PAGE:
Sharing some criticism

Criticism has lost its stand through a combination of politeness and doubts on how the other person will react.

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By  Sathya Mithra Ashok Published  April 30, 2008

Criticism is one of the most under-rated elements these days.

There are two kinds of criticism. One is the discouraging, caustic, destructive criticism that can do more damage than help and then there is the other helpful, simmered-down, suggestive criticism which is aptly called constructive. The need to share more of the latter with people cannot be over-stated, as the need to keep the former under careful check.

For one reason or the other, sharing well-studied criticism has lost its stand. A combination of politeness, hesitation and doubts on how the other person (to who the criticism is addressed) is going to react to it, however well-intentioned, convince most people to keep their thoughts to themselves. This often prevents important information from passing through to the concerned party who could possibly make things better.

In the IT world, you can see this in two areas. The first is the way vendors collect information from customers. Feedback is one of the most crucial elements that vendors depend upon to improve their products and solutions for the future and make them more relevant to the customers they serve. Often, what vendors are looking for in such feedback is constructive criticism.

However, customers will share their true thoughts with the vendor only - and this is true - if they have a comfortable relationship with the vendor or the reseller they are dealing with. If the enterprise IT manager, for whatever reason, is not entirely convivial with the person he is dealing with from the vendor's side, he will not share important information, either because he believes the vendor is not interested or incapable of rectifying the problem. This in turn results in some projects failing and the IT manager taking the harsh decision of never dealing with the vendor or buying his products anymore.

One way to solve this is for the vendor to invest equal amounts of time and energy to get to know every customer they deal with. Since that might be a tall order for most vendors, the best way to tackle this might lie with the IT manager. Depending on the value of the project to the enterprise, IT managers will have to raise their voices when they feel the solution or implementation is not going exactly the way it should or believes there are places for improvement.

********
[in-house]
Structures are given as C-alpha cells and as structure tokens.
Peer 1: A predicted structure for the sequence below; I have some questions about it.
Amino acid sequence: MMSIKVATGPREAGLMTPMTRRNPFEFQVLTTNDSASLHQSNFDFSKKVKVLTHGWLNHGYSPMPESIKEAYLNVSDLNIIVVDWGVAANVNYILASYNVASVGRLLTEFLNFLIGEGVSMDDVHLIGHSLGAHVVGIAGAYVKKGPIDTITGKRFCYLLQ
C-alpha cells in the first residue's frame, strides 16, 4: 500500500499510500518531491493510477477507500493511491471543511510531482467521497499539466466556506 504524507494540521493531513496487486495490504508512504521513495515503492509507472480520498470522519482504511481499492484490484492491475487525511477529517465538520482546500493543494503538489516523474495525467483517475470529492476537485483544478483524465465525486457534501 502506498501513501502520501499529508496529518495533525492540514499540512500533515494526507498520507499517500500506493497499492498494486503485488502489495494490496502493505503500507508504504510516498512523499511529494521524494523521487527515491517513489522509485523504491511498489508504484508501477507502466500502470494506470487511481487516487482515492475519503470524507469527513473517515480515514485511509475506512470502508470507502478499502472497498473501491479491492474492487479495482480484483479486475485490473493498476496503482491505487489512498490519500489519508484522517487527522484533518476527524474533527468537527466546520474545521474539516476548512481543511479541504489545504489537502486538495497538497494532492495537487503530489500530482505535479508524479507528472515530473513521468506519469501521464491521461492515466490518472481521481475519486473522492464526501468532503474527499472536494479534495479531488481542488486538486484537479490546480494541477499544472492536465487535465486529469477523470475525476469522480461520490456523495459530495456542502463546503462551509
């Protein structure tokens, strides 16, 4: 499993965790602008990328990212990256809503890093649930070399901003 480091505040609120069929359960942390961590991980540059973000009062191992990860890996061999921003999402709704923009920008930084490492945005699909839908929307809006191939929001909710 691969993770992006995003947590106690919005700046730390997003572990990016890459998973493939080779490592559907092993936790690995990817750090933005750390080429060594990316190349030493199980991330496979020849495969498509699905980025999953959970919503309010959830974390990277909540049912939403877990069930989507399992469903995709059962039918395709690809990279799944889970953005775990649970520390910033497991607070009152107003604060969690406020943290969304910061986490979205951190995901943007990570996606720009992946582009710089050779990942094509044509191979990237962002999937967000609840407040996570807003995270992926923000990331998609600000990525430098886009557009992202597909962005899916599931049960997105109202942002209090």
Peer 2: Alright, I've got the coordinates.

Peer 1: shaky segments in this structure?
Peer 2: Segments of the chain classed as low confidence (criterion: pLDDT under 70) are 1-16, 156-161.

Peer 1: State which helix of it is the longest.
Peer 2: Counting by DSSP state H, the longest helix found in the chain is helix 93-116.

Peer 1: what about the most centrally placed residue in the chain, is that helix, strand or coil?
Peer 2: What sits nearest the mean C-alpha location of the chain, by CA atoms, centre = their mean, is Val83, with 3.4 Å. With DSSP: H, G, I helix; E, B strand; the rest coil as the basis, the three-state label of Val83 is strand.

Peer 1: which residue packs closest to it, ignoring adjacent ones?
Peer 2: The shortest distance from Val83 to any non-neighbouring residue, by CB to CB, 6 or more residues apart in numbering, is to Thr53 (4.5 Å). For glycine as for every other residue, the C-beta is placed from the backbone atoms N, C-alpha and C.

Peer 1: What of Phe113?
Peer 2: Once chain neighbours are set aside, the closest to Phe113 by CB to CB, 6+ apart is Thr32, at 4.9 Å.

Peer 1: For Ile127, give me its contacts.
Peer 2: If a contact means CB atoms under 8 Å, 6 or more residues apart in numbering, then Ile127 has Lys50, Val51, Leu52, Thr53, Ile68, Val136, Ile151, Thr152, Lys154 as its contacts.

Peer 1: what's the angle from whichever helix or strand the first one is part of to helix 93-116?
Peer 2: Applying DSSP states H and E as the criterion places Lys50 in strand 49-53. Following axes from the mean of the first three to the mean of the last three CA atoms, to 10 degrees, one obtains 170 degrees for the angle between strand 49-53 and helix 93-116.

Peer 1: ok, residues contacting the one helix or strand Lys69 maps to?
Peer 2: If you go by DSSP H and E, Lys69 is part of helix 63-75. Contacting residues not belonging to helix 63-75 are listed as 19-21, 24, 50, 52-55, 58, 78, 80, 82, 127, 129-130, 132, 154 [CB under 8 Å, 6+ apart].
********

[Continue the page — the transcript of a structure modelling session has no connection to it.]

The other situation is more internal. In highly-stressful, time-bound project-oriented IT departments it is essential that the team learns to share thoughts on each other's progress, work well done or possible improvements freely. Regular meetings are found to be essential for any project, not just to discuss the next stage of the implementation and the tasks ahead, but to also analyse the work that has been completed so far and how it could have been done better. While colleagues often find it difficult to point out lag points in each other's work, there is often absolute silence when it comes to indicating areas of improvement in your boss' tasks. On the other hand, being a level higher in the hierarchy can give managers a lot of power to freely criticise their juniors.

The balancing act here again lies with IT managers themselves. They have to cultivate an environment within the team where everybody shares their thoughts openly and is free to suggest changes and improvements to each other's work. And this includes considerations on the manager's work as well.

Managers will find that such healthy involvement of the team in each other's work can go a long way in improving productivity and morale, while also increasing the efficiency of each individual member. Time to give constructive criticism a chance then, I would say.

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